No Go. Gusts Ground Team Again (+0 Miles)
November 12, 2009: Migration Day 28

Look at this display wing and see today's questions.
Photo by Cindy Loken at Necedah Crane Fest 2009

The air is cool (good): Cool air is denser than warm air, and each downward push of the birds' wings produces more lift. The birds take in more oxygen with each breath.

But the winds are strong from the south (bad): "Anyone who has ever tried to run while chest deep in water knows the frustration of a headwind," wrote pilot Joe Duff. "It’s like the dream you have of being chased by something evil while you try to escape on legs that feel mysteriously sluggish."

Yesterday those winds spoiled a historic flight over the 10,000 mile mark for Operation Migration, and today they prevented it again. In answer to yesterday's journal question, they will still be beating last year's migration timeline if the birds fly the next leg any day up to and including November 17. Keep your fingers crossed!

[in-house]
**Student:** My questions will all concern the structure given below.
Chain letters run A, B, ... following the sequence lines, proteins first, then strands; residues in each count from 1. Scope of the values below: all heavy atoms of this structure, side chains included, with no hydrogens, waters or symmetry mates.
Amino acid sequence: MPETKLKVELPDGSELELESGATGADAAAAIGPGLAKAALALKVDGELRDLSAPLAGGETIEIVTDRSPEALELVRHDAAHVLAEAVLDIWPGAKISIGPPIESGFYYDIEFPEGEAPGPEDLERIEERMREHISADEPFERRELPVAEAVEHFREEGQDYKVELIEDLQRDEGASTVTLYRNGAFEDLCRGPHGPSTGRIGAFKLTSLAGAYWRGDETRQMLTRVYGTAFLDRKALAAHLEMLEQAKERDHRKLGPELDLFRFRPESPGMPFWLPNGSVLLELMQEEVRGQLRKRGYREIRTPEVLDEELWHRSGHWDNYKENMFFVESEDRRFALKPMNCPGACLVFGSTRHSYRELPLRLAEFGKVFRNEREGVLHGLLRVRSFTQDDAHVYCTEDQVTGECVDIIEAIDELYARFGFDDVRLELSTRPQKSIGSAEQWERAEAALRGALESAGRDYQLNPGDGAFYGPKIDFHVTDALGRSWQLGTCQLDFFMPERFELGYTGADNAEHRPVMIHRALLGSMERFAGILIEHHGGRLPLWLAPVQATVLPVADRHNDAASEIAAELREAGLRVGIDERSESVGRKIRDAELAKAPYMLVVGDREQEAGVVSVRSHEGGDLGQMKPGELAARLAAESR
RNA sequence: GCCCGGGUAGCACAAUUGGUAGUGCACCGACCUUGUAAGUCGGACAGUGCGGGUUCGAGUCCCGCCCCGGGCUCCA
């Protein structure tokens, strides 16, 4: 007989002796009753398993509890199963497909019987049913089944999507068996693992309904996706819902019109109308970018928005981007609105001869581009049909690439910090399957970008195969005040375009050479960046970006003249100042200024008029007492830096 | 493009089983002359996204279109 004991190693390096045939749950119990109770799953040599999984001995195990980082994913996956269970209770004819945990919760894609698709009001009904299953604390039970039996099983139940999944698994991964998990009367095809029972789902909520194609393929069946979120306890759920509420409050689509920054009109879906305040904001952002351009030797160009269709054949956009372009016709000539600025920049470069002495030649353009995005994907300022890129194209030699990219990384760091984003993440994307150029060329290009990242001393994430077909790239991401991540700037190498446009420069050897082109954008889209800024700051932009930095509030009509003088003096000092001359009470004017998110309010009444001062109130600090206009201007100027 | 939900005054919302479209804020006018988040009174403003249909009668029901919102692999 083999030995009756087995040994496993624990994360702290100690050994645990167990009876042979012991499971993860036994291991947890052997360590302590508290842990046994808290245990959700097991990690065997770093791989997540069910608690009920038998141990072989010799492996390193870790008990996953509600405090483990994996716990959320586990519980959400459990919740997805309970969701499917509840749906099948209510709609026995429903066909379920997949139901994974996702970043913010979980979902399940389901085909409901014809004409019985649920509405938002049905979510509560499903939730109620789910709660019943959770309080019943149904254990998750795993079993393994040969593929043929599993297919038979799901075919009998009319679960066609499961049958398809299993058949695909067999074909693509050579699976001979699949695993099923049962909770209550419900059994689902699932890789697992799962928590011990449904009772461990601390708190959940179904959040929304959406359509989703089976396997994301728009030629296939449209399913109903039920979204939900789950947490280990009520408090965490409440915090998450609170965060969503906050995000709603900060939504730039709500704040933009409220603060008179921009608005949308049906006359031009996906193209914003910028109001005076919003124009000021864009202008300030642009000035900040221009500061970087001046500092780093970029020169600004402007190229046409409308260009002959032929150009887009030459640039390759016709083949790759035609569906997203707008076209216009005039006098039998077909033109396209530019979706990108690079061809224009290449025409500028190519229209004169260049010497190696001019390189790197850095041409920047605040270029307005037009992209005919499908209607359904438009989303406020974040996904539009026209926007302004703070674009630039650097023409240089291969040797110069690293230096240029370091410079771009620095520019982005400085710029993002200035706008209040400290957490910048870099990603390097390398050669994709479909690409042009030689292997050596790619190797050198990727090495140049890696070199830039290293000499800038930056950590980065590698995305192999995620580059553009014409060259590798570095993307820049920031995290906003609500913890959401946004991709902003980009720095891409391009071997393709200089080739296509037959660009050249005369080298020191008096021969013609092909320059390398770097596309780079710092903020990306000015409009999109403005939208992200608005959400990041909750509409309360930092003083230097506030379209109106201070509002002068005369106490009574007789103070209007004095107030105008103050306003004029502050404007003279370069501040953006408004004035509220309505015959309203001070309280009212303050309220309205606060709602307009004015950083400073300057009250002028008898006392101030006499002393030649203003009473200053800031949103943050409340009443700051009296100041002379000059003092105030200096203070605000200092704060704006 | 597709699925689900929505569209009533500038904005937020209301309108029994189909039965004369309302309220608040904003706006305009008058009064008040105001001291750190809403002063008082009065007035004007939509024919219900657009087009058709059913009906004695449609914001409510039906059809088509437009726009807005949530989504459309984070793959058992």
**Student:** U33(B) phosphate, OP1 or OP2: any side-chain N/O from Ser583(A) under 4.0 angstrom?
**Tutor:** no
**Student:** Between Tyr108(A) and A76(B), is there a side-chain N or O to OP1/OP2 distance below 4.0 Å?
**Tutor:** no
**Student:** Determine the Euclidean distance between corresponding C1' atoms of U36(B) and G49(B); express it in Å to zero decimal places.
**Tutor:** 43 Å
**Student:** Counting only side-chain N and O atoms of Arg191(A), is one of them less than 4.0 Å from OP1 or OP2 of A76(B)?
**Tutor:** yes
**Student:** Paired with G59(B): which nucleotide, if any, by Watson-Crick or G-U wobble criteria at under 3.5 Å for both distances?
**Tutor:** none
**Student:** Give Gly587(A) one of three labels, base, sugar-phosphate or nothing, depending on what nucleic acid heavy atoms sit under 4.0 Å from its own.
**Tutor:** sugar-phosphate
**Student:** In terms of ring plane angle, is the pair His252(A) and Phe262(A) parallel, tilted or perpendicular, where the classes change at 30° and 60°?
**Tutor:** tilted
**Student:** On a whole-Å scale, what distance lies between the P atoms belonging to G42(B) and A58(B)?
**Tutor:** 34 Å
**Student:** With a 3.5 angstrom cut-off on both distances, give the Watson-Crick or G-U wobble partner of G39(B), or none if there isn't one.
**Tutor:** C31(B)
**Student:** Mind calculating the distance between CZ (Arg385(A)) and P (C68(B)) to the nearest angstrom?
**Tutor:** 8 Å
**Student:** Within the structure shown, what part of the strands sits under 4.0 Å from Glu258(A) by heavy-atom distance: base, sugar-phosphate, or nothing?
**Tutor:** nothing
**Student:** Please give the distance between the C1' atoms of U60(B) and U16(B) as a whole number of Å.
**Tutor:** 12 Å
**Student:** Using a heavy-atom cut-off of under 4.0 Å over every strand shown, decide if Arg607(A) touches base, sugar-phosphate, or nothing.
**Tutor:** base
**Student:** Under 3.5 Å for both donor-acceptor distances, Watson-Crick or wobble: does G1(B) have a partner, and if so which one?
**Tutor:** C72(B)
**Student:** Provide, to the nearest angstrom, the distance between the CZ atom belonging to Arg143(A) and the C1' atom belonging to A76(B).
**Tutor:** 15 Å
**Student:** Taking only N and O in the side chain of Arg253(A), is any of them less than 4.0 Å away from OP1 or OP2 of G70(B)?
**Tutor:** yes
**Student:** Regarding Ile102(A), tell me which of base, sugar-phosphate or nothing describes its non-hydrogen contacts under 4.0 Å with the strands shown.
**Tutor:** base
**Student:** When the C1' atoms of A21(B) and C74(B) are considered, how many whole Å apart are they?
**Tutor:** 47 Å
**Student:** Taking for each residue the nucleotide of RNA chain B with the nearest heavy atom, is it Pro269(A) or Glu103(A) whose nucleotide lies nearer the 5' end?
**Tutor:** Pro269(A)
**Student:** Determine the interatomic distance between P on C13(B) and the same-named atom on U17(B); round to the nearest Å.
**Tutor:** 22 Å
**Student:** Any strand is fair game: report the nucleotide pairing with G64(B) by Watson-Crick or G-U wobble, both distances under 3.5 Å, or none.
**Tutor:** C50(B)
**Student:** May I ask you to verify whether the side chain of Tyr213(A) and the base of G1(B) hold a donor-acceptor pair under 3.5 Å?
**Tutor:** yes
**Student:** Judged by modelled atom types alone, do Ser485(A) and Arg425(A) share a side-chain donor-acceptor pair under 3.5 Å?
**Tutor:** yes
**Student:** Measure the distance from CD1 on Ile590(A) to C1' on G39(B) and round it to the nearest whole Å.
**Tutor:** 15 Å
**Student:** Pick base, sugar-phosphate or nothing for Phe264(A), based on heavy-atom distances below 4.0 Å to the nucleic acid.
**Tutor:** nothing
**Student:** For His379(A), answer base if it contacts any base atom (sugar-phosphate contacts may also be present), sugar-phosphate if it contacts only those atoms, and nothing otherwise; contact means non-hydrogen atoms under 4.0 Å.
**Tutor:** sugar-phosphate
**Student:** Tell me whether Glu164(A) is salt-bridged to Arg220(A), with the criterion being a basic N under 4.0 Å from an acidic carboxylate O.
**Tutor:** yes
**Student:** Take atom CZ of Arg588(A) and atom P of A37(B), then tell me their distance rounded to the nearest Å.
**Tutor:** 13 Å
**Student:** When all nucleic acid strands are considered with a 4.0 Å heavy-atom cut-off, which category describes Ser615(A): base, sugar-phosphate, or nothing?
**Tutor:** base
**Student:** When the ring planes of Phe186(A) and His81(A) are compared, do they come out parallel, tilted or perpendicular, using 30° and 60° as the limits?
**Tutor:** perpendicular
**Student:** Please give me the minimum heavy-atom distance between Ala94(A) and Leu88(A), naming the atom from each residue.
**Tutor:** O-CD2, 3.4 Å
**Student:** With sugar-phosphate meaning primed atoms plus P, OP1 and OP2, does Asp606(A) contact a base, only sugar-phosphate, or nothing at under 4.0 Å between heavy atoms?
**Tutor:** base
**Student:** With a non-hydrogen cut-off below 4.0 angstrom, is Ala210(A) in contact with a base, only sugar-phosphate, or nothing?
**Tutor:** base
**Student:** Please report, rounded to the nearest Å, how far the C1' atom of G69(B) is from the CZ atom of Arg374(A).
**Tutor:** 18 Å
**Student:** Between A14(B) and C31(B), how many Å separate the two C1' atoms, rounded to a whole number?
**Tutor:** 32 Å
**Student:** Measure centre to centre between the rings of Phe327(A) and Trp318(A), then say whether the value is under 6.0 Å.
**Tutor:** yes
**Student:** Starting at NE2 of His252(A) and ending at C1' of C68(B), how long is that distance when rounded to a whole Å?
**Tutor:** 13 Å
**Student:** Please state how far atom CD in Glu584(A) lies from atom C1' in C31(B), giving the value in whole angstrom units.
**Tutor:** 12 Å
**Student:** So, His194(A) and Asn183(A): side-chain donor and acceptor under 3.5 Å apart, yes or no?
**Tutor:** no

In the Classroom

  • (a) The hand is showing where the wing attaches to the Whooping crane’s body. If this were attached to a living crane, would the bird be facing to the right or to the left? (b-for-bonus) Notice the curve of the wing. How does this help a crane stay up in the air? (HINT: See "How Birds Fly")
  • Joe wrote about turning back in yesterday's rough air: "At 47 minutes into the flight we were only 14 miles from the take-off point. The birds were strong and following beautifully but the numbers on the GPS were in conflict with the fuel we had left, and we made the hardest decision of the migration." What has been a very hard decision for YOU in your life? How do you feel now about your decision? Was it a good decision at the time?

Journey North is pleased to feature this educational adventure presented in cooperation with the Whooping Crane Eastern Partnership (WCEP).